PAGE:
A quotation: “There is a tendency in our planning to confuse the unfamiliar with the improbable. The contingency we have not considered seriously looks strange; what looks strange is thought improbable; what is improbable need not be considered seriously.” Thomas Schelling, a game theorist and nuclear strategist.
An apt warning for any underwriter!
Consider, for example, climate risk, a topic which was barely considered even a generation ago and has now become “endemic” in terms of being a material focus. It is not as if traditional (re)insurers are unfamiliar with climate-related risks. After all, what else is much of the NatCAT business but a probabilistic assessment of exactly that? However, because the boundaries appear to be changing, what were seen as “reasonable verities” no longer are.
Of course, the Earth’s climate is a complex system; which means that what was hitherto thought improbable can happen if the inputs within that system change, as they have been.
So the question becomes, in any assessment or analysis of a risk, whether or not one has confused the unfamiliar with the improbable. The current pandemic was an unfamiliar risk, perhaps, but it was certainly not improbable. There were clear precedents.
Similarly, in the realm of the credit, economic and financial risks in which Awbury specializes, it is all too easy to believe that past is prologue, and so it is improbable that “new” and unexpected risks will arise, or existing ones change their frequency. However, one should perhaps try telling that to (re)insurers grappling with exposures to businesses that suddenly had no revenues, and with uncertain prospects for recovery.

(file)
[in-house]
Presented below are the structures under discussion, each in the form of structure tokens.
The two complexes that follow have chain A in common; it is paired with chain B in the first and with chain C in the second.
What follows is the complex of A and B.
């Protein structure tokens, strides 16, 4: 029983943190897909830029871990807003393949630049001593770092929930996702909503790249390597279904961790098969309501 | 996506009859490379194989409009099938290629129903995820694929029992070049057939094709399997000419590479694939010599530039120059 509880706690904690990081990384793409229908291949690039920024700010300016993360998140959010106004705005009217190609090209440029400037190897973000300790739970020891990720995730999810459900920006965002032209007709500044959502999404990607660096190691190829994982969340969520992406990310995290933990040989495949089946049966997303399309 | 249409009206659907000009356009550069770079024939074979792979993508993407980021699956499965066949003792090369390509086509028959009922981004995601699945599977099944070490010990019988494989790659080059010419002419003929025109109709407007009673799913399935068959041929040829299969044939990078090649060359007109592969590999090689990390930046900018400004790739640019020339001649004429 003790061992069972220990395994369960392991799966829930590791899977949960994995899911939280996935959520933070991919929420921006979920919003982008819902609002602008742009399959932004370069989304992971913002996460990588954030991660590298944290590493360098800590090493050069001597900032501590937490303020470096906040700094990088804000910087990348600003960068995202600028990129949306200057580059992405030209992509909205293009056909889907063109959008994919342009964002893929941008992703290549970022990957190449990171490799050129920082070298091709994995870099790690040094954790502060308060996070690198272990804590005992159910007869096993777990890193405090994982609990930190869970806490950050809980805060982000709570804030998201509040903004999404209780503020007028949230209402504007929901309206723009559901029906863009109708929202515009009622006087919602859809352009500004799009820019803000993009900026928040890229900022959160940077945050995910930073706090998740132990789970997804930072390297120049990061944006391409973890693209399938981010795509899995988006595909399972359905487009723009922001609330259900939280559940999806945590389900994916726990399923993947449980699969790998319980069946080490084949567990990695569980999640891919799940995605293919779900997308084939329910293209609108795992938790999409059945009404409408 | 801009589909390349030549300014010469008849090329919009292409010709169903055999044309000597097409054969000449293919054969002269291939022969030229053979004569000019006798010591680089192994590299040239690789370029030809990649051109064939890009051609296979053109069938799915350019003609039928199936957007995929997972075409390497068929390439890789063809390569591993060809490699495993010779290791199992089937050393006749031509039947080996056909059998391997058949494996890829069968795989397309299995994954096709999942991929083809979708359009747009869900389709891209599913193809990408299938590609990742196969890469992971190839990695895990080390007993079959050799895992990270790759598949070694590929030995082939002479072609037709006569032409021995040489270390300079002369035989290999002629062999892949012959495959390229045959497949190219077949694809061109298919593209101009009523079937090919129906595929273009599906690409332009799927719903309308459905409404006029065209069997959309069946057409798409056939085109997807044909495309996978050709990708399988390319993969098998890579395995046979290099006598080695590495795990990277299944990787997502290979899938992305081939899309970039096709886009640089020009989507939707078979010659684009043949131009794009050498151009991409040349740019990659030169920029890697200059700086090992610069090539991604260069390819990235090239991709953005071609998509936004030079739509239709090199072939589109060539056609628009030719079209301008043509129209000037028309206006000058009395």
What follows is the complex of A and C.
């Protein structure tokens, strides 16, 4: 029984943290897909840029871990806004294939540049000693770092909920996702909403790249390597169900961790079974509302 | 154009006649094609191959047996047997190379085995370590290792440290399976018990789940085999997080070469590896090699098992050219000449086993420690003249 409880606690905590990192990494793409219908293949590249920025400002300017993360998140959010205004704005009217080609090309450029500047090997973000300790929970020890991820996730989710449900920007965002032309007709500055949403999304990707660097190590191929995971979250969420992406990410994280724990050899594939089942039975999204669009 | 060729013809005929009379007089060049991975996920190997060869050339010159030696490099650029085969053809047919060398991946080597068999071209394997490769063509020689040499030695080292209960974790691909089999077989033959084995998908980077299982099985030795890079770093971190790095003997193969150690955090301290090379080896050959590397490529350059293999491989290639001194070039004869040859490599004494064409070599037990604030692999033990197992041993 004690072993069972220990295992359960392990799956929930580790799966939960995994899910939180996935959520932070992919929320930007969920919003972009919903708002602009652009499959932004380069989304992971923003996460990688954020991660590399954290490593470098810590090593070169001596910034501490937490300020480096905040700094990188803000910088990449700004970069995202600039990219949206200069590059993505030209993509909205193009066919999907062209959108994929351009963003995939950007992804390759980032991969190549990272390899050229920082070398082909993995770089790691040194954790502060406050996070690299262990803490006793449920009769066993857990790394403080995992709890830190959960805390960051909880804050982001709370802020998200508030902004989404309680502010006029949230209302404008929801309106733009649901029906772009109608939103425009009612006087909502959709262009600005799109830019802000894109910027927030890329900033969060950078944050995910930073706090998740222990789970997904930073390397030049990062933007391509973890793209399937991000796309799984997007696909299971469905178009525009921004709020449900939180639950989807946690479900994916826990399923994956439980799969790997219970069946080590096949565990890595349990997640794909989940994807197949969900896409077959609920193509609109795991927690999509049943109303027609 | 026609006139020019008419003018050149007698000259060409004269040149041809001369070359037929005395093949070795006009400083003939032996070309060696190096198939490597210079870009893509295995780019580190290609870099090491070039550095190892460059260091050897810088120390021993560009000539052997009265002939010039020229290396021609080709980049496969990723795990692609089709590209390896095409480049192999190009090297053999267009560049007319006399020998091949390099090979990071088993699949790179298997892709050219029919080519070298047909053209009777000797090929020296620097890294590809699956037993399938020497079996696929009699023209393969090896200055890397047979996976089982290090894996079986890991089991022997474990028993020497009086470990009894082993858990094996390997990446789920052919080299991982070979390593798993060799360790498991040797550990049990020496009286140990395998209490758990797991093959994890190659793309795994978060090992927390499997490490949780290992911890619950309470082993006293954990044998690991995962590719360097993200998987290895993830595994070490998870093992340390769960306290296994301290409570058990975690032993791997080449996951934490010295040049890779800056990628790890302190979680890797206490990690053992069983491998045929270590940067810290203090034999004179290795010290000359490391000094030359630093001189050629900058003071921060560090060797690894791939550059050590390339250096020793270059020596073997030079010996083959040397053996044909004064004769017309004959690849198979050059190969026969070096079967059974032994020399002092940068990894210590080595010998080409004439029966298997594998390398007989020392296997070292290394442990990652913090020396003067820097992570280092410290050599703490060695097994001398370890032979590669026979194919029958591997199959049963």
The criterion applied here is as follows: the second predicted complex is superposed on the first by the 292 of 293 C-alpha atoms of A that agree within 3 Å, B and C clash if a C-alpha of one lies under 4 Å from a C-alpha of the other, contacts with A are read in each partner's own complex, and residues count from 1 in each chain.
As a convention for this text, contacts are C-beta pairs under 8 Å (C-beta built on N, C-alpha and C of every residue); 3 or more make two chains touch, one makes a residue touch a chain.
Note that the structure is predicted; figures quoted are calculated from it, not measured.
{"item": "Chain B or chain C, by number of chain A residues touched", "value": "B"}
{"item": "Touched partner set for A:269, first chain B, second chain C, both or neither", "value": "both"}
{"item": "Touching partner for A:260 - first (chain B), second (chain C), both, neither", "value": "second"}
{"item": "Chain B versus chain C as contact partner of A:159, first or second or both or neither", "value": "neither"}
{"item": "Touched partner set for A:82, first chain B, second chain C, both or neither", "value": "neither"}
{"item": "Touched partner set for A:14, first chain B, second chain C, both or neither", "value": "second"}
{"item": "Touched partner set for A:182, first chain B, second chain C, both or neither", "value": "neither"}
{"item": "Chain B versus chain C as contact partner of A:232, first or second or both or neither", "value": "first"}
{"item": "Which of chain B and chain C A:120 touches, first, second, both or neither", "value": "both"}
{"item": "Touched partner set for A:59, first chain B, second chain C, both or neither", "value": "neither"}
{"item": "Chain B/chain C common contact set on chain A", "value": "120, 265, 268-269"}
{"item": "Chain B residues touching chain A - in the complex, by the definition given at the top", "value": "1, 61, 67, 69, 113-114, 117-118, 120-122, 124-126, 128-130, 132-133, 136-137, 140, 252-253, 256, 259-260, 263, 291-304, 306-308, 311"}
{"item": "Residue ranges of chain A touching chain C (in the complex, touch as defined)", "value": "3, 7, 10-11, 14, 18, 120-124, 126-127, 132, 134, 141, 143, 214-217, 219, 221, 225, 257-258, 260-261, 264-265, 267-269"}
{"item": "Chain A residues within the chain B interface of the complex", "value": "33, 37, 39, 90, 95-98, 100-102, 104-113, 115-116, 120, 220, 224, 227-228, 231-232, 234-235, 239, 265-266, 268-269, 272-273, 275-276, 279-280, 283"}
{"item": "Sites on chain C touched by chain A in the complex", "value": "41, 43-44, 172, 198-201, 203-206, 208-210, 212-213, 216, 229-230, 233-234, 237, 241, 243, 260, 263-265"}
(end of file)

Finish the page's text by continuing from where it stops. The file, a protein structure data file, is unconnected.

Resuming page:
As usually tends to be the case, it is our own inability or unwillingness as a species to understand or accept the “improbable” that makes us vulnerable. We know that bad things happen, and every underwriter is properly paranoid about “event” risk. We create “emerging risks” committees, and checklists to try to fathom the improbable but potentially real, yet we are far better at seeking precedents from the past, and latching on to them, than at taking a realistic view of future probabilities. There is no point in being right even a hundred times, if being wrong once ruins you, which is the whole point of diversifying risk portfolios, and identifying and managing correlations and aggregates.
If that is the case, how is one to create a process that reduces the risk of being over-exposed to the improbable, and does not set the bar for the “impossible” too low?
In the view of the Awbury Team, we believe that the best way to do this is, for every risk we underwrite, and once we have created our core thesis as to why the risk/reward ratio on a particular risk meets our already stringent criteria, to ask a very simple pair of questions: “But what if we are wrong? What could invalidate our thesis?” We can do this because our business model is built upon the provision of carefully structured, bespoke solutions for our broad range of clients, rather than commoditized “flow” business. We can explicitly try to “test to destruction” ex ante every risk we take- while still being completely paranoid about what we may have missed!
The Awbury Team